Cloning strategy of the different RBM constructs. A schematic representation of the fth-1 vector; both the wild-type and recombinant (pVIII-STS) copy of the protein VIII (pVIII) genes are shown (blue and violet, respectively). The recombinant protein VIII gene contains a DNA stuffer that encodes for two stop codons and an RNA transcription terminator (hairpin structure), promoters are also indicated (Enshell-Seijffers et al., 2001). The stuffer is removed when an insert is cloned between the two SfiI sites. The two segments of the RBM (residues S432–L443 and F460–T486) were cloned into the recombinant pVIII gene generating a ‘loopless’ RBM phage (the 16-amino acid loop is deleted, thus connecting the two segments of the RBM directly). Two unique restriction sites, KpnI and ApaLI, flanking the deleted ‘loop’ are shown. For more details, see ‘Materials and methods’ section.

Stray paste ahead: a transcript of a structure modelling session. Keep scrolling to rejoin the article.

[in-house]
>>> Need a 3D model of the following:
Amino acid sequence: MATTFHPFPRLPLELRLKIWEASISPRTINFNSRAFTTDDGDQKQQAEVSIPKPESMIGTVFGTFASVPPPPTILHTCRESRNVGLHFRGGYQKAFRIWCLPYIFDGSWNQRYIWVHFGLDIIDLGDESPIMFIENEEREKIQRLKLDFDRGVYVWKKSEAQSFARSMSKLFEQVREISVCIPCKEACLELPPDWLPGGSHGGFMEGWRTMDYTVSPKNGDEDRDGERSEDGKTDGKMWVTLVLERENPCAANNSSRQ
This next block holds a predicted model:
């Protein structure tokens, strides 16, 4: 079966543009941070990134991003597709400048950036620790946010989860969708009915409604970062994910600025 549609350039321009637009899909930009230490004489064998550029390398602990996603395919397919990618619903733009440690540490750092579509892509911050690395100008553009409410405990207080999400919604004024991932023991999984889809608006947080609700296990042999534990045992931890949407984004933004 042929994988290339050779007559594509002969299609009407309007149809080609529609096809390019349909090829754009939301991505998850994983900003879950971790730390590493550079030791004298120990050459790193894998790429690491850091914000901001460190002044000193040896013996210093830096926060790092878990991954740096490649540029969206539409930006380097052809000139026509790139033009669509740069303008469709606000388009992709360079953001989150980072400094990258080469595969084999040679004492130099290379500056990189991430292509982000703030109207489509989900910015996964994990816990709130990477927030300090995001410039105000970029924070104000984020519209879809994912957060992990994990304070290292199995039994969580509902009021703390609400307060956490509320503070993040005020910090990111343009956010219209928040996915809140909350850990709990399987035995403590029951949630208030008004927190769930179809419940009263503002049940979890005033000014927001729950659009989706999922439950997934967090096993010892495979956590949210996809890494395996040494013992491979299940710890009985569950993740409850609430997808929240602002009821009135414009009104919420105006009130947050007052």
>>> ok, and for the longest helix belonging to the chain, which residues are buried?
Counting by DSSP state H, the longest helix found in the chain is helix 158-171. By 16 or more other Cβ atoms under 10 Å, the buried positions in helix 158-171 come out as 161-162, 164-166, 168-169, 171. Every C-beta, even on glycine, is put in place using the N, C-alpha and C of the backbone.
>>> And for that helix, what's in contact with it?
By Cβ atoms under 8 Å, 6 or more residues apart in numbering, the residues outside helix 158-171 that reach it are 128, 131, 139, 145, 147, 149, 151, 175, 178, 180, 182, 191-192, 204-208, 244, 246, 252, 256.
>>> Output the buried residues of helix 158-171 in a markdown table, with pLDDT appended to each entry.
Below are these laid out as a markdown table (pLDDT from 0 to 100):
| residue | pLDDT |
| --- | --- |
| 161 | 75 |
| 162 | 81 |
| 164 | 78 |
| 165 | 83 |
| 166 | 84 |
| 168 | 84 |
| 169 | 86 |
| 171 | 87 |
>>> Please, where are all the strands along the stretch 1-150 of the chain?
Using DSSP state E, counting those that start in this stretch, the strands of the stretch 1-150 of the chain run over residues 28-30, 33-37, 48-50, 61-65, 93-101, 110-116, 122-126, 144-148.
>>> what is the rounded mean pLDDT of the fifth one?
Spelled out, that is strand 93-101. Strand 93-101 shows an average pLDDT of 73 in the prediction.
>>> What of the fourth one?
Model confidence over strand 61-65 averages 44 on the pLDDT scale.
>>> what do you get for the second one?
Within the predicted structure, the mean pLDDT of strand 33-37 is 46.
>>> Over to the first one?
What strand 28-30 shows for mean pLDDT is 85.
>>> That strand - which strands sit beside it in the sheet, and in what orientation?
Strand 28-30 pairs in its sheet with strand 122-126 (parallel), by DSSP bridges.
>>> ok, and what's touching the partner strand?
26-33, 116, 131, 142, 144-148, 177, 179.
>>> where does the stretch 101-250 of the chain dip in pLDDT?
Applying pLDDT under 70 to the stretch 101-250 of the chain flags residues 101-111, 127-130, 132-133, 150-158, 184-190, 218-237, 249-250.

In view of the fact that the 16-amino acid loop (residues R444–F459) located within the RBM does not contribute any contacts with the ligands and presumably functions only to tack the RBM to the core of the RBD, we postulated that it might cause some interference in the correct folding of the isolated binding surface. Hence, we removed the loop thus generating a 7 Å gap between residues L443 and F460 (Fig. 3). Simple closure of the gap by juxtaposing L443 directly to F460 did not produce a recognizable structure (see below). Furthermore, introduction of one, two, three or four glycine residues to bridge between L443 and F460, closing the gap with multiple glycine-linkers, was also ineffective in generating a functional RBM.